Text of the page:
Royal London chief criticises ‘ISA-style’ pension tax changes

Phil Loney, chief executive of UK life and pensions company Royal London, has sharply criticised the government’s proposed plans to overhaul the way pension contributions are taxed.

Royal London chief criticises ‘ISA-style’ pension tax changes

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The chancellor George Osborne announced in last month’s Summer Budget that the government was considering radical changes to how pension savings are taxed. He indicated then that this could include a shift from allowing tax free contributions to one where pensions are tax free on exit, as is the case now with ISAs.

 “This so called ‘ISA-style’ tax treatment of pension contributions is a fundamental and far-reaching change to the principles of pension savings, which could pose considerable risk to the Government’s aim of creating a savings culture in the UK,” Loney said.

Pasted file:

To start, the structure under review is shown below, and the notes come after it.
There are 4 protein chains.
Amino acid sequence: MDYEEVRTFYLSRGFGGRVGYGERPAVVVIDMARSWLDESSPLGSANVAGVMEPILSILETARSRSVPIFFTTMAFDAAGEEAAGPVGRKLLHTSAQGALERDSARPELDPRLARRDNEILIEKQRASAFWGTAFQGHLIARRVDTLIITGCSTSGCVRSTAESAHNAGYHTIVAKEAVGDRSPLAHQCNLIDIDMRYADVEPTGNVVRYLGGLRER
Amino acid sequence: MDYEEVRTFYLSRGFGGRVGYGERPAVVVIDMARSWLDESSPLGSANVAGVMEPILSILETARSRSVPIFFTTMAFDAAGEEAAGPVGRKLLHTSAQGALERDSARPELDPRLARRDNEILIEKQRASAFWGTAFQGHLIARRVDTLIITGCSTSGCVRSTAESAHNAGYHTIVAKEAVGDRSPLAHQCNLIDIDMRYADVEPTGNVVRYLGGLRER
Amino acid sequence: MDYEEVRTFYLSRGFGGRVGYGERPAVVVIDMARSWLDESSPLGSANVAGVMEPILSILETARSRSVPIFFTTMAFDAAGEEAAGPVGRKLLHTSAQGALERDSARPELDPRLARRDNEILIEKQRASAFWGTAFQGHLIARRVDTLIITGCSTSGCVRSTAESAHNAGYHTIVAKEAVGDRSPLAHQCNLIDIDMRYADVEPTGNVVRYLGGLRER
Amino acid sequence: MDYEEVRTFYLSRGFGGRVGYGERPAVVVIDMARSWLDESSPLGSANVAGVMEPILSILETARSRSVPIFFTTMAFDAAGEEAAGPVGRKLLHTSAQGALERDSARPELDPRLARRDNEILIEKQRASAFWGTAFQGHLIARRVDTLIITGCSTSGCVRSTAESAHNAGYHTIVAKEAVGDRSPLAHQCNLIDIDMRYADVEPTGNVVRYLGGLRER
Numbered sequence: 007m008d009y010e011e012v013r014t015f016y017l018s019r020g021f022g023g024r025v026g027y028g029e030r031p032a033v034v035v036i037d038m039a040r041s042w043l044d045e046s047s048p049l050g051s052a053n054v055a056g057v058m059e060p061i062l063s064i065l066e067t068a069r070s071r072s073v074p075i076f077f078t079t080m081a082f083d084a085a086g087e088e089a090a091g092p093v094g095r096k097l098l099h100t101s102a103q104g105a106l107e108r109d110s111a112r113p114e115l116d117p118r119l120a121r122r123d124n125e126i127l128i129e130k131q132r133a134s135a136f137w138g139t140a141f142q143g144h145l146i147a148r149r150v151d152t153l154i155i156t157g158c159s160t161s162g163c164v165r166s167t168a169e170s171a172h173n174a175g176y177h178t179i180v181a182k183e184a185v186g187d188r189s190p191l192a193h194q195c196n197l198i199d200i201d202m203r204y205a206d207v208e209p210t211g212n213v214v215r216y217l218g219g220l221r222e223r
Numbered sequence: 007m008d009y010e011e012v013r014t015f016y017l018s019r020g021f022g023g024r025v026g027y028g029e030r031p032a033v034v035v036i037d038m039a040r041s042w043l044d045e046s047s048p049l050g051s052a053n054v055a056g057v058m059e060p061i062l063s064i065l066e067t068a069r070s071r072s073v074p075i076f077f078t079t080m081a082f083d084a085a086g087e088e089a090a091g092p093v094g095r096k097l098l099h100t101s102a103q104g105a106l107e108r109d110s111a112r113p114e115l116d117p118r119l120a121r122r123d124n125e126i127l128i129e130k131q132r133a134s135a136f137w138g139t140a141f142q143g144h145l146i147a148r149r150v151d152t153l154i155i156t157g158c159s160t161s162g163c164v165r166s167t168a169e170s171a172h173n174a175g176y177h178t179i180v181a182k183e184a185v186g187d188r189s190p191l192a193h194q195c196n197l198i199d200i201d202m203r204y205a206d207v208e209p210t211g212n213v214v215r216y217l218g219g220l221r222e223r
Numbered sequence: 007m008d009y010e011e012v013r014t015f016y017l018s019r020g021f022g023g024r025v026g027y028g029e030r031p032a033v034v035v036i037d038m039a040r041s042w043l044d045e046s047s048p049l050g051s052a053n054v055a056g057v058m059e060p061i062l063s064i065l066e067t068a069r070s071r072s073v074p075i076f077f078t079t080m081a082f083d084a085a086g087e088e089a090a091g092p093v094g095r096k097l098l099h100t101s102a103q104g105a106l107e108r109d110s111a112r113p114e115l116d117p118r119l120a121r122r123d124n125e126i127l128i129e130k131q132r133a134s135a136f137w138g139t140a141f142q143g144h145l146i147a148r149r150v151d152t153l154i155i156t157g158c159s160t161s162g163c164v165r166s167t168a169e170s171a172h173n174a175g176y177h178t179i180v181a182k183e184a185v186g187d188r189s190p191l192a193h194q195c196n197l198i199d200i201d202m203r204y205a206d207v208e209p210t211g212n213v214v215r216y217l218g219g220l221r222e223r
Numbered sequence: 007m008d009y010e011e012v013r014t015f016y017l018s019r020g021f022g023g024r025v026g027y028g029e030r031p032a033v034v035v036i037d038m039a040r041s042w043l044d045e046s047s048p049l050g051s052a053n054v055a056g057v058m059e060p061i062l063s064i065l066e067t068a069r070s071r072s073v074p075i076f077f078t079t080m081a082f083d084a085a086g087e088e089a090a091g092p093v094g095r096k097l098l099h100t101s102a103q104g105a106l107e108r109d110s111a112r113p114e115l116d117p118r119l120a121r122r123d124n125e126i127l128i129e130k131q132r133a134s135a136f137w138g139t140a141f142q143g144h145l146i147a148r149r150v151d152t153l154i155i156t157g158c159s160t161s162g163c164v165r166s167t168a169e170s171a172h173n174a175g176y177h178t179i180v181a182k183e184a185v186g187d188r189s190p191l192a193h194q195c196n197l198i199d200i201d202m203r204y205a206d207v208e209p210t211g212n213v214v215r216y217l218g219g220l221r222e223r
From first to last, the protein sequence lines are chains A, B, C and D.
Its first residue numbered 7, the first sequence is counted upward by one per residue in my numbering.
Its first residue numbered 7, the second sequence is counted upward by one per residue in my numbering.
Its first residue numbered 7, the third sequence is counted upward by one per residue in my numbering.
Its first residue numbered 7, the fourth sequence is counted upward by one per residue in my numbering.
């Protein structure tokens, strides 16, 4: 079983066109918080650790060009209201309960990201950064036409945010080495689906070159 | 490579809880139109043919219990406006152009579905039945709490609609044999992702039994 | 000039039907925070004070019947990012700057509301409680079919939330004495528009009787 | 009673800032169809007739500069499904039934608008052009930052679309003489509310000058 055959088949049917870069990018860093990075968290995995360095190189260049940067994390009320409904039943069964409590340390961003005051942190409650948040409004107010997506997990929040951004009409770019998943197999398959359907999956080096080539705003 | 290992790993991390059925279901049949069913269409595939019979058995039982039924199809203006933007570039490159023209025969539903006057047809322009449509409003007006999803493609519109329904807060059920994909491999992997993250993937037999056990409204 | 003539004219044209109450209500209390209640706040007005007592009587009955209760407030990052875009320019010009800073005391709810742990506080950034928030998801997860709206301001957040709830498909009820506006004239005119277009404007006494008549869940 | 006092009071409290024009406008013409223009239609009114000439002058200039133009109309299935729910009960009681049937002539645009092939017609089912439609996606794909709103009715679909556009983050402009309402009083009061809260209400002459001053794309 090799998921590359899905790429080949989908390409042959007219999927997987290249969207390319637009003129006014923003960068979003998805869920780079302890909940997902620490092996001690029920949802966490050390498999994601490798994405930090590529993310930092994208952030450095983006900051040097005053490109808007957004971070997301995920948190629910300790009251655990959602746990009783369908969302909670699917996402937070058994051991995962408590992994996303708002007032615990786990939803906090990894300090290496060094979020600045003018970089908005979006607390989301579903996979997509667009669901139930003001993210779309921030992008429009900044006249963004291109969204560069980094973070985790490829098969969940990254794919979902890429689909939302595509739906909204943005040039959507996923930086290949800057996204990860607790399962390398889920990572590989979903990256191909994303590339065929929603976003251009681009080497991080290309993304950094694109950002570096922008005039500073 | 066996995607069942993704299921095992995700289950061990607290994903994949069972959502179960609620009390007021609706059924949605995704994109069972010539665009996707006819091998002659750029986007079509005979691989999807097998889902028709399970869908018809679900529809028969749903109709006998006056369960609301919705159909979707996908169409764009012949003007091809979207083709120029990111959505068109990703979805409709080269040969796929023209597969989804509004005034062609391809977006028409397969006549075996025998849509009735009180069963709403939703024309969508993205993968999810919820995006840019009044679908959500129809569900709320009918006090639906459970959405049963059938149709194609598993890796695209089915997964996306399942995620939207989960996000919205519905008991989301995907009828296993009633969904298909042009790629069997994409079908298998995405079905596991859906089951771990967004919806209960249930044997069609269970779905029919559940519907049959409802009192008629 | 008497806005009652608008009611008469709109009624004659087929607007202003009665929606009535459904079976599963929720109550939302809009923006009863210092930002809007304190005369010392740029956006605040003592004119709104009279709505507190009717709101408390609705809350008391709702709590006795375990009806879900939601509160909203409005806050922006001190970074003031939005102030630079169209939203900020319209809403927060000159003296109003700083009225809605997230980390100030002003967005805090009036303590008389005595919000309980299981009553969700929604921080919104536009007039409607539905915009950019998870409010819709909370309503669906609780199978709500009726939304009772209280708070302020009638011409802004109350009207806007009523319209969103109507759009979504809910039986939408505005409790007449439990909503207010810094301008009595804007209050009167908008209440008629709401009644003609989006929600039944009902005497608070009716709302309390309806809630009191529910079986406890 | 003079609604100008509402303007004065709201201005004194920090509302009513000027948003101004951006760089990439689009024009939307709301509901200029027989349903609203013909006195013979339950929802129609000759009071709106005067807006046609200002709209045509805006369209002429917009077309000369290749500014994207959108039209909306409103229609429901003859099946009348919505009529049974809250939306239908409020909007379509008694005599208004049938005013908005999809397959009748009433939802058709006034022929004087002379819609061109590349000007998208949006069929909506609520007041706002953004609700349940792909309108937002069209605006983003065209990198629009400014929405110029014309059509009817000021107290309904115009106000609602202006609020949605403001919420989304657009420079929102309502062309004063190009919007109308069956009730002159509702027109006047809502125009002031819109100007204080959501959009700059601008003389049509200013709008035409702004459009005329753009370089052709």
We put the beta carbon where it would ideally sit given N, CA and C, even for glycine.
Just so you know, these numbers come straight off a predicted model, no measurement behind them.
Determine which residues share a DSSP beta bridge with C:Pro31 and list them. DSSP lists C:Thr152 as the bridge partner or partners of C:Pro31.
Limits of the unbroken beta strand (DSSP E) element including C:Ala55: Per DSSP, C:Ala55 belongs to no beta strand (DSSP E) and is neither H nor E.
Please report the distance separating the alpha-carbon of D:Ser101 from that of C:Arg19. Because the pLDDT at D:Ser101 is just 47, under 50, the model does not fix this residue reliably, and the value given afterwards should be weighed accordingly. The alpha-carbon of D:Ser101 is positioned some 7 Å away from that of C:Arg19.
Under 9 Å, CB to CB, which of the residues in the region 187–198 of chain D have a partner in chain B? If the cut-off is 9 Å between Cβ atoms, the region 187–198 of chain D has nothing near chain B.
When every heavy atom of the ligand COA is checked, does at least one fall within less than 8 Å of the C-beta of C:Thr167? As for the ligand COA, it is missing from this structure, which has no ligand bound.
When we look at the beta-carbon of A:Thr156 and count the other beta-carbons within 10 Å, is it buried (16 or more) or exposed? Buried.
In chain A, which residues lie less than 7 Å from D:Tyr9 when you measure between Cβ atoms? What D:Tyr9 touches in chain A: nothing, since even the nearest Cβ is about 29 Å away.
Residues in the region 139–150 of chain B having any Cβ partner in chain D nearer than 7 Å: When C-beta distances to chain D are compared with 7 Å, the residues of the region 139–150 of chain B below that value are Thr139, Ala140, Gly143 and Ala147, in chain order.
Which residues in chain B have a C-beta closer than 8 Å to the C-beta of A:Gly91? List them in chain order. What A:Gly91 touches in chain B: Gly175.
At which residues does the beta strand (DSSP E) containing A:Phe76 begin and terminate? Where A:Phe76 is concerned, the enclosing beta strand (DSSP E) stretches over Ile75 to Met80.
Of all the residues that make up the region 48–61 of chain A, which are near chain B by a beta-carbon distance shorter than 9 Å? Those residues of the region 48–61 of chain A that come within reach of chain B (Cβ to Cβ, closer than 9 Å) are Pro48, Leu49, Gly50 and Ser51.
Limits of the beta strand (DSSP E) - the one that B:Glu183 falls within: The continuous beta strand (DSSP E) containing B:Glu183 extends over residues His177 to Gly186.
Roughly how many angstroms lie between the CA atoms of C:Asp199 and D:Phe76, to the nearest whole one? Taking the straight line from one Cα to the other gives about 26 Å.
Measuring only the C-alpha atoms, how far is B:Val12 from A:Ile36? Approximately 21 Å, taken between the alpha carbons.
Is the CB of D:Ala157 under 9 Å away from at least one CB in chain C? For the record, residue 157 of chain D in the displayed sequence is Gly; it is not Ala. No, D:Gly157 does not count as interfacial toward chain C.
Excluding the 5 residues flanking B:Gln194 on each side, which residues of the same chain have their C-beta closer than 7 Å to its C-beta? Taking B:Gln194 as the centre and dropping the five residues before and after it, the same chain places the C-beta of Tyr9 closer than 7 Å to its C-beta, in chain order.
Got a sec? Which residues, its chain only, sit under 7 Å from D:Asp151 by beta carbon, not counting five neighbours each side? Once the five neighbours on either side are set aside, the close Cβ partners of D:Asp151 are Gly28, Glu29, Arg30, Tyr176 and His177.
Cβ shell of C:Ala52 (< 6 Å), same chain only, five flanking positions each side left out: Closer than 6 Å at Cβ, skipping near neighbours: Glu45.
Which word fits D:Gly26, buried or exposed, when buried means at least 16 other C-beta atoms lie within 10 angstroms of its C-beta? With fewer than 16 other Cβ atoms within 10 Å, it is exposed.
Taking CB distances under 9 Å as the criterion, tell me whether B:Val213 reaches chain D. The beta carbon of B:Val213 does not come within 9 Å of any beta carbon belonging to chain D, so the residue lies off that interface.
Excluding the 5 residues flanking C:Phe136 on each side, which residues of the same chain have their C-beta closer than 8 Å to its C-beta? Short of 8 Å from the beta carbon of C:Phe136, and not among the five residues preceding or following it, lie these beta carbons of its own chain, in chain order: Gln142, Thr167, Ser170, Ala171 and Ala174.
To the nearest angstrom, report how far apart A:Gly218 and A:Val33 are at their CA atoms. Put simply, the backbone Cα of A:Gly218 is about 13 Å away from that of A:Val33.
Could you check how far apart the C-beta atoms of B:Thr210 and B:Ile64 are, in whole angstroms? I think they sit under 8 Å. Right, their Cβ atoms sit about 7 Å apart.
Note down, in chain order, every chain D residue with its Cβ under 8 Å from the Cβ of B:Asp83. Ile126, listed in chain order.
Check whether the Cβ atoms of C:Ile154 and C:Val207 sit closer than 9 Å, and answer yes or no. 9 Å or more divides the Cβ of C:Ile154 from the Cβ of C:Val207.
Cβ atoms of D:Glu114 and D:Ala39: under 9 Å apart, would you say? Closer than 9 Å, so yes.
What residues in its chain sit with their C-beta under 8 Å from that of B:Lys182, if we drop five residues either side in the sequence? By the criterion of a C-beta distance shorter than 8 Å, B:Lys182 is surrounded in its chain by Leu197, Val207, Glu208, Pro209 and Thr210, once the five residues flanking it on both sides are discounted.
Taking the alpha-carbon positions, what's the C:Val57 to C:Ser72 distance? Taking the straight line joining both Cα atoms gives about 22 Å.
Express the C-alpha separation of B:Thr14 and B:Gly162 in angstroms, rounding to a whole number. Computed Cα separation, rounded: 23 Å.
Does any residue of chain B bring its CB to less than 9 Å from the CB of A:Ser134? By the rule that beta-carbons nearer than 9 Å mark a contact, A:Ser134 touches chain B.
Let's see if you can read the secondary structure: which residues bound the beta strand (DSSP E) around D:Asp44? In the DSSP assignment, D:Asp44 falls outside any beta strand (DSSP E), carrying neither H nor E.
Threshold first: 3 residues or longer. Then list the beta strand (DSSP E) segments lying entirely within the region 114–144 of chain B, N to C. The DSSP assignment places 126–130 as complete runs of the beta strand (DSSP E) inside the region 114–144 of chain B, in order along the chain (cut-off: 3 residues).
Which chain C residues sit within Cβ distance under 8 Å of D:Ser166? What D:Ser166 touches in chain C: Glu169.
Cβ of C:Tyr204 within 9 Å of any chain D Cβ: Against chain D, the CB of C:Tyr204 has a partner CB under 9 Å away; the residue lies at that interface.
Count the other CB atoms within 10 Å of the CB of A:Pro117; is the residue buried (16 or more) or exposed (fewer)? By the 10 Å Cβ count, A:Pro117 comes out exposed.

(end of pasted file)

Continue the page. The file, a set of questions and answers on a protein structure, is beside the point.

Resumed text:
“There is no evidence that the promise of tax free income, 25-30 years into the future, would be believed by the public given the volume of changes to the pensions system over the last 25 years.

“Consequently, there is a real risk of a significant fall in savings, which are already too low in the UK,” he said.

However, the government claims increases in life expectancy and the shift away from final salary defined benefit pensions towards defined contribution pensions means new incentives are required to make sure more people take responsibility for their pension savings to meet their needs in retirement.

It’s consultation on the proposals for reform of the system closes on 30 September 2015.

Loney did agree that it was vital to reform the current tax relief system to make long term saving fiscally neutral for all. He said the incentives needed to focus on those with lower incomes, to create a more realistic and lower risk way forward.

“This could also enable the abolition of the lifetime allowance,” he said.

Royal London currently employs Steve Webb, the former Liberal Democrat politician – who lost his ministerial position to Ros Altmann following the Conservative’s majority victory in this year’s General Election – who is responsible for developing policy on issues such as retirement savings.

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